Getting a tablet’s no longer an “if” question for some people — it’s a question of how much. The bar’s getting even lower now that Hisense has announced its Walmart-exclusive line of tablets: the Sero 7 LT and Pro. These tablets aren’t about being innovative. They’re about being cheaper. But Hisense promises that screen brightness and battery life on the Sero 7 are better than average, too. That remains to be seen. Each tablet is Google Certified and features Hisense’s smart remote software, which allows them to function with Hisense TVs in some capacity over a local network (it’s software, not an IR blaster).
The Sero 7 LT is a 7-inch Android tablet with a 1.6-GHz dual-core CPU, 1,024×600-pixel IPS display, running Android 4.1 Jelly Bean. It houses a piddly 4GB of internal storage, but Hisense has the sense (ahem) to give it a microSD (supporting up to 32GB cards) as well.
There’s also Mini-HDMI, Micro-USB, and a 0.3-megapixel front-facing camera, all draining the battery down to a purported 4-hour duration. The Sero 7 LT ships with a bargain basement price tag of $99.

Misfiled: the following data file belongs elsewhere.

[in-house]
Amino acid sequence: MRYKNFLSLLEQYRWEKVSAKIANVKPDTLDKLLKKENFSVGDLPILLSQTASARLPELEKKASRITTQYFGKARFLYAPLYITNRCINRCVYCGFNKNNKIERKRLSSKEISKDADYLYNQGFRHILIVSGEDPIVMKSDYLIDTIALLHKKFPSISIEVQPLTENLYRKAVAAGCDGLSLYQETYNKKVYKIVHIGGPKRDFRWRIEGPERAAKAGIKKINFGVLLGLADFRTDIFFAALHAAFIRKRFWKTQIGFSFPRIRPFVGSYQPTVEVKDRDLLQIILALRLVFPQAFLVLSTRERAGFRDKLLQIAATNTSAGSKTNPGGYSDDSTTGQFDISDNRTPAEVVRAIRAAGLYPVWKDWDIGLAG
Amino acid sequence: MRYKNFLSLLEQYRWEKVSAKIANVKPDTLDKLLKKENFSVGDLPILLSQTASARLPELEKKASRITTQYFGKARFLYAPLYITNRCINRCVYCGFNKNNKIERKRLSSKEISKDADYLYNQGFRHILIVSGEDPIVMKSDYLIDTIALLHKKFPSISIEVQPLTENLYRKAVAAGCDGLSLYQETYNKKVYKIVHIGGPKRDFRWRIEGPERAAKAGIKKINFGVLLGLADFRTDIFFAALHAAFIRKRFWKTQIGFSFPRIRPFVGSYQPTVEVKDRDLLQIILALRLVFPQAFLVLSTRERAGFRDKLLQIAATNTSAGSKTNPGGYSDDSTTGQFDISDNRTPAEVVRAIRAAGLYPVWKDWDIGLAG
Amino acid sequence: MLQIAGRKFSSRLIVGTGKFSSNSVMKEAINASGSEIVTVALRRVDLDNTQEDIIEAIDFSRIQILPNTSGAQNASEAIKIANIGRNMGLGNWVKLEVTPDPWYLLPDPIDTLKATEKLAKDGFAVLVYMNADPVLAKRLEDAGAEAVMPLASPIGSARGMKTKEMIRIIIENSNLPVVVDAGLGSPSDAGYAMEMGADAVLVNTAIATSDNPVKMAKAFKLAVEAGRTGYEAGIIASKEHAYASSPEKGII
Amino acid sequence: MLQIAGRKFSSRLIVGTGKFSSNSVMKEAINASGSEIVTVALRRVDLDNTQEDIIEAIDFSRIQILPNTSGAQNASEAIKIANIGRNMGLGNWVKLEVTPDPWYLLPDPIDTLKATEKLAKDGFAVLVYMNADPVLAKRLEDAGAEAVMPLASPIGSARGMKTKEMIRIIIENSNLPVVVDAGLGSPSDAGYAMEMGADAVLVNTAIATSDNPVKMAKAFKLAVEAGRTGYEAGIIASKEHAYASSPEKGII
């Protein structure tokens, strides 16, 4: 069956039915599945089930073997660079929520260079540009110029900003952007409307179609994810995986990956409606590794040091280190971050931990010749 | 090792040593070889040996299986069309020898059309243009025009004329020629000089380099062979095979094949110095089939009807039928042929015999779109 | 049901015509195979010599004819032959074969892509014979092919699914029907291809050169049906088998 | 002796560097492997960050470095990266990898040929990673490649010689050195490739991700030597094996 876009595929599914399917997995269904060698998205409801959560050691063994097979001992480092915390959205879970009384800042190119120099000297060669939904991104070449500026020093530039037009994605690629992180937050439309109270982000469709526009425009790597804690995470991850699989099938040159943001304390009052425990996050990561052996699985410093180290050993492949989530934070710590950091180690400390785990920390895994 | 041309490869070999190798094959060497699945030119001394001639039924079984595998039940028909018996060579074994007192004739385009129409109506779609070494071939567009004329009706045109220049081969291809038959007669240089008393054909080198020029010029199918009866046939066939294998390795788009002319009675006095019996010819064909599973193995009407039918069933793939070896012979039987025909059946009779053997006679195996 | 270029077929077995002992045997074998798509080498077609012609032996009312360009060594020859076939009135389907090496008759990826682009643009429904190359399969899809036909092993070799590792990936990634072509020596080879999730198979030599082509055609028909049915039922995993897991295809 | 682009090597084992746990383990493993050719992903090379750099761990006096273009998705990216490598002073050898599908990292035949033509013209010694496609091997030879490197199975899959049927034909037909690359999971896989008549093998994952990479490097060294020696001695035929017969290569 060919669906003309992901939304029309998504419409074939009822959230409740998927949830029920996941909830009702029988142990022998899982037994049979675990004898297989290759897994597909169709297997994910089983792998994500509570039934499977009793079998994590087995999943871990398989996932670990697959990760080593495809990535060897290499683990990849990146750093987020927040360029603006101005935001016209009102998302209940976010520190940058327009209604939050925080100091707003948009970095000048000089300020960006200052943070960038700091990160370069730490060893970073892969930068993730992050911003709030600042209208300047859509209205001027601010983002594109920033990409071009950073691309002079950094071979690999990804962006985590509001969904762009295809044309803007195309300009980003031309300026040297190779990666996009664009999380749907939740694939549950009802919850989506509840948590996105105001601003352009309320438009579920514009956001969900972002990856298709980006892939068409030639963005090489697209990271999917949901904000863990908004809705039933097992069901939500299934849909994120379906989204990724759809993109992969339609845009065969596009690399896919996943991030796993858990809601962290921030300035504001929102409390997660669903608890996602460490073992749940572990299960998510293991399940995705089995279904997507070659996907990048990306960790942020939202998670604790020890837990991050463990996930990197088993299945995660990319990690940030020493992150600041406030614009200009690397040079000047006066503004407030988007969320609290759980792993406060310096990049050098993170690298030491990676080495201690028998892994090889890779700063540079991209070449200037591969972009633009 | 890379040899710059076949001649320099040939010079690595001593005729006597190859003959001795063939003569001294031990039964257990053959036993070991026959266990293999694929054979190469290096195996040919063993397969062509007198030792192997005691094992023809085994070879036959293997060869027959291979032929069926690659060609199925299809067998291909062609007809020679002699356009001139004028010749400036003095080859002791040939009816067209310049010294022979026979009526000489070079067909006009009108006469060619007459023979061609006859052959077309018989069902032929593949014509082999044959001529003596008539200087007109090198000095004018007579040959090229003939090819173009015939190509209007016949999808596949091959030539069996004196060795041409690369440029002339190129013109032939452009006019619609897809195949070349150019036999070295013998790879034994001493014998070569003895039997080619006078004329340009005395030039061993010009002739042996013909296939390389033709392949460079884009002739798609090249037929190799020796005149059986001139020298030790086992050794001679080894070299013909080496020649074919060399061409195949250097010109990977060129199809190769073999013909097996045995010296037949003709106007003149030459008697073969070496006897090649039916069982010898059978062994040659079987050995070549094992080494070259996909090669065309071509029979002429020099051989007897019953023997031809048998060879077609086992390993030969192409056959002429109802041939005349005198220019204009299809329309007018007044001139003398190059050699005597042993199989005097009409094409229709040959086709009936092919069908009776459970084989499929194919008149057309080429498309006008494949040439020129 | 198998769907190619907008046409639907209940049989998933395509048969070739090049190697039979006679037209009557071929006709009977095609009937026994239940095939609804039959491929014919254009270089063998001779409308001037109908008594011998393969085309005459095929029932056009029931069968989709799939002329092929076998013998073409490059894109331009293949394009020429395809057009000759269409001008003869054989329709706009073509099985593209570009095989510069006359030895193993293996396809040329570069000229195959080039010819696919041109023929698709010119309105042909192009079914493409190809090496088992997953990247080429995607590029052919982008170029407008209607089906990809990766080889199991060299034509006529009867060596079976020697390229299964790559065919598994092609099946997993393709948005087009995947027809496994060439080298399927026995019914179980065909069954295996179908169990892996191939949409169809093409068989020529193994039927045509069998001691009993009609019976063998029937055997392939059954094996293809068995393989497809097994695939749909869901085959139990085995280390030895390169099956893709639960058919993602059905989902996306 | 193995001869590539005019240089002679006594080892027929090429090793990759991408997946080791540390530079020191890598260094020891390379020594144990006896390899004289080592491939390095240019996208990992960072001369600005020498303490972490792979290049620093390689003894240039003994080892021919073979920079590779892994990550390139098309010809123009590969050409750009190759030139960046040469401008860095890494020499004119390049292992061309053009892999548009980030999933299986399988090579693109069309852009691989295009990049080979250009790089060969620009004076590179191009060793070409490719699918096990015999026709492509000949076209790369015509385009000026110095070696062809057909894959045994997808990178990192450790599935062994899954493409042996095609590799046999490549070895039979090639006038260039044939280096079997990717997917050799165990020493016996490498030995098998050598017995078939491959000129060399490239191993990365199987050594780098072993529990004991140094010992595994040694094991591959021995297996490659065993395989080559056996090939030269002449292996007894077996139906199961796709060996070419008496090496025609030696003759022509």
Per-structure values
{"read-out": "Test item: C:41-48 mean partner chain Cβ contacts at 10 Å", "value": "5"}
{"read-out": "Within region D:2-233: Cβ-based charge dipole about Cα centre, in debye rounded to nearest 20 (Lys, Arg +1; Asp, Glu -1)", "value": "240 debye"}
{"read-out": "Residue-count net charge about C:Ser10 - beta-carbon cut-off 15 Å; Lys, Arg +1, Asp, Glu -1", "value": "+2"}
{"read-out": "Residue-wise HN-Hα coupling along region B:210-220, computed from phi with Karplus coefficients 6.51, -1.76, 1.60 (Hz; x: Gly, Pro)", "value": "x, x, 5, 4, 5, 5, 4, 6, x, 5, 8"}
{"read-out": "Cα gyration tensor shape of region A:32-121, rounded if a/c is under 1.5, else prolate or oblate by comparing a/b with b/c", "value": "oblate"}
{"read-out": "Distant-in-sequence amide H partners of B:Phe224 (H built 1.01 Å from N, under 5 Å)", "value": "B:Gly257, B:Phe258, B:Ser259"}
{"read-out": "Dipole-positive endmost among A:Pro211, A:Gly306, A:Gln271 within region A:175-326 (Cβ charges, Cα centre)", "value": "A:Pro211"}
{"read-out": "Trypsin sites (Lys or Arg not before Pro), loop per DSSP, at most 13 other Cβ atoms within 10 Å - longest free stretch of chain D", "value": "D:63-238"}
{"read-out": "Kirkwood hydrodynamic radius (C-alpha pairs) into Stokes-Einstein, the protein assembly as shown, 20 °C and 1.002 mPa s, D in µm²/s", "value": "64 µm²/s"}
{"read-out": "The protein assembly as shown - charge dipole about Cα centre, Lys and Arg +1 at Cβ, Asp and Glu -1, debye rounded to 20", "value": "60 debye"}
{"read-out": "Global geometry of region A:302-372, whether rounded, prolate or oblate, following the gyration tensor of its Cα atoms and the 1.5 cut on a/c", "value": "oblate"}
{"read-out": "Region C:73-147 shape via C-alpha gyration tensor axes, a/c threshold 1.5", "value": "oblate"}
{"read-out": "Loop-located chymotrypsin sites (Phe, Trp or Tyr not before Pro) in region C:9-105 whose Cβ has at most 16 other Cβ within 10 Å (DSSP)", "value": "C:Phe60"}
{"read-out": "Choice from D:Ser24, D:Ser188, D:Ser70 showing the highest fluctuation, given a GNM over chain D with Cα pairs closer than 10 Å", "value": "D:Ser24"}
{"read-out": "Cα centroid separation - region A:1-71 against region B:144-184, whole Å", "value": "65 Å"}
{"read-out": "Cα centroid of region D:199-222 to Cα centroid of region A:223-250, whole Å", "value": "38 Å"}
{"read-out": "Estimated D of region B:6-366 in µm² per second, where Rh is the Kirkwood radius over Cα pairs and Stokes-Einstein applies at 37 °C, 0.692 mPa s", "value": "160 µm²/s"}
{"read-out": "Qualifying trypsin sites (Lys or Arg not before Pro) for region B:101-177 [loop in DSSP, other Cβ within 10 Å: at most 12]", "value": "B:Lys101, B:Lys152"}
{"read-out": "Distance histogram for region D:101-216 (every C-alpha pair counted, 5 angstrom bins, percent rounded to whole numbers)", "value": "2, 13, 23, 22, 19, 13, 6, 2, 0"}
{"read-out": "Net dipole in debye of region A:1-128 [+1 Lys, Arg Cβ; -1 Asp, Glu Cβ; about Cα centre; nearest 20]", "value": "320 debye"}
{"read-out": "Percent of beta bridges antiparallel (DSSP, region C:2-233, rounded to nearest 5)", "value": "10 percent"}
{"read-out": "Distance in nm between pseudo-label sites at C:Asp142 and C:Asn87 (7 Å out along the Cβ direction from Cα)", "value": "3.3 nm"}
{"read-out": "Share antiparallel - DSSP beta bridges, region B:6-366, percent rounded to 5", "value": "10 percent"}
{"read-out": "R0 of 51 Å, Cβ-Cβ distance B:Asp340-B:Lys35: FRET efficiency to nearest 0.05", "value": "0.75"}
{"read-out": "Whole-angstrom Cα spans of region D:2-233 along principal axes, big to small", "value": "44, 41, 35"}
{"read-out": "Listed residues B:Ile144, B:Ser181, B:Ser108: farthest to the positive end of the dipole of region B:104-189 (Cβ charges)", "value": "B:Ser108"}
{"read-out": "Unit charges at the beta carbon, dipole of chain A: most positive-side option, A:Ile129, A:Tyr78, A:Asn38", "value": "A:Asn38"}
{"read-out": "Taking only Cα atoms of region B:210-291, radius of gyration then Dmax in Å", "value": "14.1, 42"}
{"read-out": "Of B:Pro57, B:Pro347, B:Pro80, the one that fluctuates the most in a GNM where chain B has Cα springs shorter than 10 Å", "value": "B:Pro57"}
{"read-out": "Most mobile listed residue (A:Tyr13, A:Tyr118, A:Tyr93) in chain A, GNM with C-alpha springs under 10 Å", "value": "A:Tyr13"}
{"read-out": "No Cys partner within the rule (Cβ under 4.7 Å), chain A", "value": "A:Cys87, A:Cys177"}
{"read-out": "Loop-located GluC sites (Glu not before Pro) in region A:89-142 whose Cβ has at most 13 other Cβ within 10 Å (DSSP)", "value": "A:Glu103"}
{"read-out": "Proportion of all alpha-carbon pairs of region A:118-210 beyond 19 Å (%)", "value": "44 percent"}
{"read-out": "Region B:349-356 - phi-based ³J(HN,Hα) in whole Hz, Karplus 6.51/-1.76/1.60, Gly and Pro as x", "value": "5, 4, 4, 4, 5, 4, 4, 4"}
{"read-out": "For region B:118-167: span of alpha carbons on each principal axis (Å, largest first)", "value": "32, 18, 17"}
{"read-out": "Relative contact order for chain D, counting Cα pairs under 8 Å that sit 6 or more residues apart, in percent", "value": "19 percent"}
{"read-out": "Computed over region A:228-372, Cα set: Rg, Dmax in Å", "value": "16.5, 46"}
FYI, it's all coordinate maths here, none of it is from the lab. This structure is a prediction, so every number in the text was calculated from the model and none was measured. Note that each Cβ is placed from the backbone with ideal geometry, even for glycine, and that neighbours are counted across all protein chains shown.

The Sero 7 Pro ships with Android 4.2, features a 1,280×800-pixel-resolution display, 8GB of storage, and includes a 1.3-GHz quad-core Tegra 3 CPU.
Other specs include a 2-megapixel front-facing camera, 5-megapixel rear camera, Mini-HDMI, Micro-USB, and a microSD port. NFC, Bluetooth 3.0+EDR, and 1GB of operating RAM round out the spec details. The Pro also features a promised 7-10 hour battery life and ships for $149.
Sounds a lot like the Nexus 7, except it’s $50 cheaper, includes storage expansion, and has a Mini-HDMI port. However, the Nexus 7 ships with 16GB of storage at its $200 price. Still, the Pro is one of the more exciting contenders to the best small tablet throne.
Both tablets will be sold at Walmart stores starting May 24.
Both Sero 7 models feel much like the Nexus 7 during some brief hands-on time: compact and plastic. Hardly exciting, but if you consider a big family outfitting all their kids with little $99 tablets, the savings make sense. It also gives Walmart a clear ultra-cheap tablet strategy going up against Amazon, in a…sense.